In 1999, the Institute of Medicine issued To Err Is Human, a 300-page declaration of a crisis in patient safety. The report made headlines with its claim that 98,000 Americans were dying each year from medical mishaps. Congress and the medical industry responded with alarm and promises of reform.
Medical errors, however, remain as vexing a problem as they were 20 years ago, according to Bloomberg Distinguished Professor Kathleen Sutcliffe of Johns Hopkins University and her new book from Oxford University Press, Still Not Safe: Patient Safety and the Middle-Managing of American Medicine, co-authored with Robert Wears.
In the Q&A below, Sutcliffe, an organization theory expert with faculty appointments at the Johns Hopkins schools of business, medicine, public health, and nursing, talks about the still-current threat to patient safety.
Q: As your book title states, many patients today still aren't safe.
SUTCLIFFE: The problem is still there. It's still big. We still have roughly the same rates of harm. The World Health Organization issued a study this past September that said 40 percent of patients in primary and outpatient care are harmed.
How do you define patient safety?
It's the idea of preventing and avoiding harm to patients. Do no harm, as the expression goes. Harm doesn't occur just at the hospital. It could be a misdiagnosis during a regular visit to your physician or the improper prescribing of medication. That same WHO report said millions of people are harmed each year by diagnostic and medication errors, and those mistakes cost billions of dollars.
In your book, you say that the health care industry has basically ignored taking a hard, honest look at itself and making systemic reforms, preferring instead to focus blame for errors on front-line workers such as nurses.
To admit that these mishaps are not just the result of human error means that health care administrators would have to change their systems in a major way – and trying to change a large system is difficult. Over the past decade, there have been efforts to change this and create just cultures. That means trying to create an atmosphere of trust in which people are encouraged, and even rewarded, for providing safety-related information -; but in which they are also clear about where the line must be drawn between acceptable and unacceptable behavior.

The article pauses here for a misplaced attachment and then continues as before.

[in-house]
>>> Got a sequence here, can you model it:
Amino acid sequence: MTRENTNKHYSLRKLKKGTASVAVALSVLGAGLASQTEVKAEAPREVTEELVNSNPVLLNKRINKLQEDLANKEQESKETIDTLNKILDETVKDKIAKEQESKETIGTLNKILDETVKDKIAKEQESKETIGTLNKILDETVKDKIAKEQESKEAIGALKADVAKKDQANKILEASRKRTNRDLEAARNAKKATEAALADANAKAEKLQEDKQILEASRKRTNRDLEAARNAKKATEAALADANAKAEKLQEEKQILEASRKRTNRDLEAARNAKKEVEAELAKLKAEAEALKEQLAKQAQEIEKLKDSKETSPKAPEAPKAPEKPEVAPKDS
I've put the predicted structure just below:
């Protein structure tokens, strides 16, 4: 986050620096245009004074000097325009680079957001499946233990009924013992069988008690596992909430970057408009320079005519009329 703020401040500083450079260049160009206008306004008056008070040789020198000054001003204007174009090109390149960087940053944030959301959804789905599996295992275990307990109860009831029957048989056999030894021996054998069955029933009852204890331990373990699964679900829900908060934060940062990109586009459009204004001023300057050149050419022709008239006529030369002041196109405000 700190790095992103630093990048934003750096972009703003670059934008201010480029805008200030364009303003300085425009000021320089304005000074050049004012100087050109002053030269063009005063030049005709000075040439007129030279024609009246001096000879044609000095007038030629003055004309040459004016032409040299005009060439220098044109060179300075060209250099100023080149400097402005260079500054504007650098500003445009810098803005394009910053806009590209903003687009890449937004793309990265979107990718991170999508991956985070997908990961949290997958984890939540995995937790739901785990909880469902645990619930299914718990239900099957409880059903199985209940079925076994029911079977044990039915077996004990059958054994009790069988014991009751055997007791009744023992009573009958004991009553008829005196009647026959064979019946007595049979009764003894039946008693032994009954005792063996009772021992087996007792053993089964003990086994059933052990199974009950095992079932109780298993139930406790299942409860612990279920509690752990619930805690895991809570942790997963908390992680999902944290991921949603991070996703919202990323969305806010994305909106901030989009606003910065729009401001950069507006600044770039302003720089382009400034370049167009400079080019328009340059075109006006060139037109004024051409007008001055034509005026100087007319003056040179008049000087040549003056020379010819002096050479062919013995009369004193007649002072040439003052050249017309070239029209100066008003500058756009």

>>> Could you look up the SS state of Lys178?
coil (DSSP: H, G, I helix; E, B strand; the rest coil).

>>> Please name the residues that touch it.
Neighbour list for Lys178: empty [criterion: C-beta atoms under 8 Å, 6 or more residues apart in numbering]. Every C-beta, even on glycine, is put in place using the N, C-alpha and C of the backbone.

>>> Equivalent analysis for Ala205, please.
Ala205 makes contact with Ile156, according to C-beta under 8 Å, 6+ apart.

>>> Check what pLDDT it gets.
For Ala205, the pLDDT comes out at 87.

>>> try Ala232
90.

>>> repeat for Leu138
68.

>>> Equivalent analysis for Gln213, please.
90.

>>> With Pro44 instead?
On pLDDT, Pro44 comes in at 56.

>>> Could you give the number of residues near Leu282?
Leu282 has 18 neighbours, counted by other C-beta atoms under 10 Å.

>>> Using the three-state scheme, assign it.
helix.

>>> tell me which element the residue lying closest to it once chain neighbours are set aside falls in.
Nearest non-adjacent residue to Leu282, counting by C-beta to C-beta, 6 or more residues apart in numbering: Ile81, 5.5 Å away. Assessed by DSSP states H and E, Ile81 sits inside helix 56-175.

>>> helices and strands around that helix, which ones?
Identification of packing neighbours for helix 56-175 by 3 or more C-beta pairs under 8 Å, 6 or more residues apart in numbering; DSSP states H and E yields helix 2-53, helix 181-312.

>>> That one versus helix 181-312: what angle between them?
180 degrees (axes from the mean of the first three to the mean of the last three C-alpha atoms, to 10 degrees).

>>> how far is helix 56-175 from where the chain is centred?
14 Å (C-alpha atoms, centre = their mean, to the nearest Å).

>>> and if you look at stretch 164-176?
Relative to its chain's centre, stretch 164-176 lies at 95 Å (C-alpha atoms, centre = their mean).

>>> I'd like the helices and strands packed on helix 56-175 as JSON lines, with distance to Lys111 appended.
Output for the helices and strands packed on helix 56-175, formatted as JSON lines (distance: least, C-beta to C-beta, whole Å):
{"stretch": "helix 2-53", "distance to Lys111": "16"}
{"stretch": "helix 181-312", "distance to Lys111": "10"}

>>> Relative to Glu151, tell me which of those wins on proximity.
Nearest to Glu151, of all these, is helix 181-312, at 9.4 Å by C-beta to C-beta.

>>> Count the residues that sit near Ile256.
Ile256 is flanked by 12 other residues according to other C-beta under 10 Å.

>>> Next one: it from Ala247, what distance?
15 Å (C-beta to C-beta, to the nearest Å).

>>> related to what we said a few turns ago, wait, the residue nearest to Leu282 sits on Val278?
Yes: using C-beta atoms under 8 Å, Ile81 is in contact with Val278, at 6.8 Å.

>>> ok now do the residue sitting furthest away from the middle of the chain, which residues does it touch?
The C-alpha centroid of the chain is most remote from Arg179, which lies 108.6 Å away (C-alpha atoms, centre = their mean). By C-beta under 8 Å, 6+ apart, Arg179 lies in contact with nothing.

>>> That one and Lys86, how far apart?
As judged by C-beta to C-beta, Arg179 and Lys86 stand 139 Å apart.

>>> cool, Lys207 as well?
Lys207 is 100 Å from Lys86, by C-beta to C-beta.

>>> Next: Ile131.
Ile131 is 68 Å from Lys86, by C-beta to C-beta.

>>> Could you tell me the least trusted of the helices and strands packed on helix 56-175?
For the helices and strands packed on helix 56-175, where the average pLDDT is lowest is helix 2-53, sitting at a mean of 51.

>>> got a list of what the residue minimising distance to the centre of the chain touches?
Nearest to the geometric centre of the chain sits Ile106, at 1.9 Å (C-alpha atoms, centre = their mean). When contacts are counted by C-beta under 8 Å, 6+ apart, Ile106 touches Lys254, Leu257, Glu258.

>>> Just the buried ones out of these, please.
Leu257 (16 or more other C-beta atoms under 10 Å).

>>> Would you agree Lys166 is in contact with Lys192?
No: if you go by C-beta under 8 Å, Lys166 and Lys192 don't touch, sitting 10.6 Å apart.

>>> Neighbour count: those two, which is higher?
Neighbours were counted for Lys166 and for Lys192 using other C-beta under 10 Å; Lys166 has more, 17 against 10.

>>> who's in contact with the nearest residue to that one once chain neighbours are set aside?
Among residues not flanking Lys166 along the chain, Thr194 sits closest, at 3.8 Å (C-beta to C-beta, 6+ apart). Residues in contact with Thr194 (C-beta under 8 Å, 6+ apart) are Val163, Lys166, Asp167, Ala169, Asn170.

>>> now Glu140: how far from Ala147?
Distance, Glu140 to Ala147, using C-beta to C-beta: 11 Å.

How do you think administrators should be responding?
The preferable response for an organization facing a crisis is to try to understand the context. Health care industry leaders focus on what has gone wrong when they should focus on how things are going right and what they might learn from that. What's problematic is that safety is really a non-event. What I mean is that when the system works as it should and nothing untoward happens, nothing attracts attention or initiates concern. When something bad happens, when an "event" occurs, the tendency is to want to point a finger at someone or something. And often that means blaming people lower down in the organization.
Yes, there needs to be a preoccupation with failure, but not in a blaming-shaming way. It means trying to understand in advance how everything you plan to do could go wrong. Anticipate accidents in the making. And when something does go wrong, you use that opportunity to get a sense of the state of the system as a whole. For example, if you've learned that every day on the second shift there's going to be a lack of a certain resource at a particular place within the hospital, then you take the necessary steps to correct that.
Your book also recommends a multidisciplinary approach to addressing these problems.
Patient safety efforts should involve psychologists, sociologists, organizational behaviorists, and engineers, not just health professionals. Use the knowledge from multiple disciplines. Engineers helped bring about advances in anesthesiology. Health care is a huge industry, responsible for about a fifth of our economy, and the huge problems it faces could be better addressed by people from a variety of fields pooling their expertise.